Can Mushrooms Clean Oil Stained Floor?

buy shrooms online Canada

According to researchers from the University of Montreal, a microscopic fungus that consumes oil like a thirsty puppy could be an effective and cost-effective way to clean soiled soil. If research proves this, the discovery could add yet another element to the growing stock of phytoremediation tools: plants that can be used to remove toxic substances through natural soil and groundwater processes without the huge carbon footprints of traditional cleaning methods. You can buy shrooms online Canada to get the mushrooms.

What is the problem with conventional cleaning methods?

Conventional cleaning processes for soiled floors are usually associated with a high energy consumption. A typical project may involve the recovery of contaminated soil from one site and its introduction into another, or the pumping of large quantities of contaminated water from sewage treatment plants. In recent years, the trend has been to find ways to eliminate pollution without moving soil and water. This is where mushrooms come into play.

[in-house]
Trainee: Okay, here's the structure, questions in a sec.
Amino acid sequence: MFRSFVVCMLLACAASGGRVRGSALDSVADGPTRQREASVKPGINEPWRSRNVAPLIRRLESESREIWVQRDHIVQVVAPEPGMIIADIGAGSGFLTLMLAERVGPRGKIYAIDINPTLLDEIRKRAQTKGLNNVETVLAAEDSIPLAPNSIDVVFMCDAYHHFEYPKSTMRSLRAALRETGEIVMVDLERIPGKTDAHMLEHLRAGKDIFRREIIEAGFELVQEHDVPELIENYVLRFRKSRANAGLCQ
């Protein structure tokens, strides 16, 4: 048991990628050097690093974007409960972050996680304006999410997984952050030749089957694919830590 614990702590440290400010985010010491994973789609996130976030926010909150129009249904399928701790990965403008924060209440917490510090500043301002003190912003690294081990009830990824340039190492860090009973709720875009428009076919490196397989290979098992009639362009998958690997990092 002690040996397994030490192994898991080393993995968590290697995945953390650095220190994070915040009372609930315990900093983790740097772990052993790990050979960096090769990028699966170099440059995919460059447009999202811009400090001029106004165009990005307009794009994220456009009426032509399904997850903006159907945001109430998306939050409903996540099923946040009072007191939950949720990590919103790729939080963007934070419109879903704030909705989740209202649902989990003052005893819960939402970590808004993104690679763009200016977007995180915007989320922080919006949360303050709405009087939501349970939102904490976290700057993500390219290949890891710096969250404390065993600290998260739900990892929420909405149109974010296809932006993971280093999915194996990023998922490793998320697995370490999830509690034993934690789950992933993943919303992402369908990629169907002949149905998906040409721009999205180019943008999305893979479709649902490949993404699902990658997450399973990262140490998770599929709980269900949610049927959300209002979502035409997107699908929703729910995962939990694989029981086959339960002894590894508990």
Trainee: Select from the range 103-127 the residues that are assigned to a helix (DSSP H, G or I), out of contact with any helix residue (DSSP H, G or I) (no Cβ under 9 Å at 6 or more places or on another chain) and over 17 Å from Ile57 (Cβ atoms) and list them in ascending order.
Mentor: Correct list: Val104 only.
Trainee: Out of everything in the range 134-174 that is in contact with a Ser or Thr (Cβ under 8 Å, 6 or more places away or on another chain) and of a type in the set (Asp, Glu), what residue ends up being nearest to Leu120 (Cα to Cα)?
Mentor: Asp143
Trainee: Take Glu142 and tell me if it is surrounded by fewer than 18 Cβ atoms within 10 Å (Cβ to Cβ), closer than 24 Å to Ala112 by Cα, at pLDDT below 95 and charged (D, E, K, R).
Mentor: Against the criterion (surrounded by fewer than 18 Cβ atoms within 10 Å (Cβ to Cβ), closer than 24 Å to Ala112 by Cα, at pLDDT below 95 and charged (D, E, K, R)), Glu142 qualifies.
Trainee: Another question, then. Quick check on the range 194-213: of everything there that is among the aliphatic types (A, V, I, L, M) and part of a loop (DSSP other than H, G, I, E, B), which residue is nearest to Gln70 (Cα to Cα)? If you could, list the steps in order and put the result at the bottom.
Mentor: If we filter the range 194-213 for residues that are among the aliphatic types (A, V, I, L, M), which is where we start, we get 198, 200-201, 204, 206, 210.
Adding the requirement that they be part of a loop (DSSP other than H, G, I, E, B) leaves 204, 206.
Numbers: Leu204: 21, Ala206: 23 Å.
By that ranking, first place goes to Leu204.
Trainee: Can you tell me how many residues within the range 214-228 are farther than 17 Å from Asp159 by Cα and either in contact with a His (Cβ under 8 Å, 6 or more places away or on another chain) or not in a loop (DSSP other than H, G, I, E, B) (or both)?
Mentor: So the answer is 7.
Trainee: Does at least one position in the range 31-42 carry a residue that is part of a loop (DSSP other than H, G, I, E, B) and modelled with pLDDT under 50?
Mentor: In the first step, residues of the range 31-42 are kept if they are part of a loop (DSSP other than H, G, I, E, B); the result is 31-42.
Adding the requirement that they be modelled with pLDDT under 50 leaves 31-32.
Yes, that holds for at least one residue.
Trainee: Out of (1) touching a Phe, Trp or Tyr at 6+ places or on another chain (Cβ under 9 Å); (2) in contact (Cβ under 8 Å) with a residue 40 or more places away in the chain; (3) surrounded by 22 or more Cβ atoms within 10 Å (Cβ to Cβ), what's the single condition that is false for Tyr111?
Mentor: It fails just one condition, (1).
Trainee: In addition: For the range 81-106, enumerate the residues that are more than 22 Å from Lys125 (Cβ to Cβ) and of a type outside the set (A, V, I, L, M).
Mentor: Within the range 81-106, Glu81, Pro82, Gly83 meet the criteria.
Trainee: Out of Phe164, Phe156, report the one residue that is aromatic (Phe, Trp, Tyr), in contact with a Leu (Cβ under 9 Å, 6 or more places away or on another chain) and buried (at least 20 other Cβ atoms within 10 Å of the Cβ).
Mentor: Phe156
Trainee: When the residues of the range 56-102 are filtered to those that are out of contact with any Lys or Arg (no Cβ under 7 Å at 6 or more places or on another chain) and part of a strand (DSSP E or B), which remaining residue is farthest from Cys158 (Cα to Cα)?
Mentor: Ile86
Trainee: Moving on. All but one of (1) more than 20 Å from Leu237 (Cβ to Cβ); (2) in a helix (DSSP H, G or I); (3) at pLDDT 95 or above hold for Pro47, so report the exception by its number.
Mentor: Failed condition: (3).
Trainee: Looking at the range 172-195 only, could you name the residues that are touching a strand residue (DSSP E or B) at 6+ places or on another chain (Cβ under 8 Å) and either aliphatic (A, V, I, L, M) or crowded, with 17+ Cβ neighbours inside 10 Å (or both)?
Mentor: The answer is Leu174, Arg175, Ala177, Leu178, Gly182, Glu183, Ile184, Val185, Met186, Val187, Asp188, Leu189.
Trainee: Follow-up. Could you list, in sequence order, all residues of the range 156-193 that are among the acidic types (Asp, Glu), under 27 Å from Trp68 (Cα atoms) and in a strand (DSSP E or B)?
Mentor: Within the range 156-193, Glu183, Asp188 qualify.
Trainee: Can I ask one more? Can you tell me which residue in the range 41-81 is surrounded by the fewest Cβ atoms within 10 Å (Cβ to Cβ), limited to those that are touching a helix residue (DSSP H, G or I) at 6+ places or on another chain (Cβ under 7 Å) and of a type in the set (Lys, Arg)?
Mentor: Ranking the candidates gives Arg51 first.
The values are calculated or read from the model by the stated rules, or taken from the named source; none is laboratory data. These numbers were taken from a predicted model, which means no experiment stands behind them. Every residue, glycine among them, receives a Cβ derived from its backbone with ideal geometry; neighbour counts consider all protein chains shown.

Help plants to absorb soil pollutants:

In conventional phytoremediation, robust plants are used to extract soil pollutants during growth. Substances such as heavy metals can then be removed by harvesting plants that can be burned (or maybe one day used as a feedstock for biofuels). The Montreal project has a new twist, which is to improve the plants’ work by enriching the soil with bacteria and microfungi. A member of the research team, Professor of Biochemistry, B. Franz Lang, explains: “It is not the plant that does most of the work, but the micro-organisms, namely the fungi and the fungi, bacteria that accompany the root.” that grow fast and have deep roots, and the next phase of research is to find the most effective combination of plants with fungi and bacteria.

The Canadian project is similar to another promising phytoremediation project in Michigan’s Copperland, some of which have been described as a moonscape. In this project, researchers enriched ordinary clay pots with a bacterium that thrives in areas that are heavily contaminated with abandoned copper mine waste. The corn in the pots would normally hurt, but in the presence of the bacteria, the corn would grow vigorously and absorb copper. The next steps will be to remove the process from actually contaminated sites in the greenhouse and plant corn (as in pastures, maize is a popular phytoremediation plant as it grows fast and produces relatively high levels of biomass).

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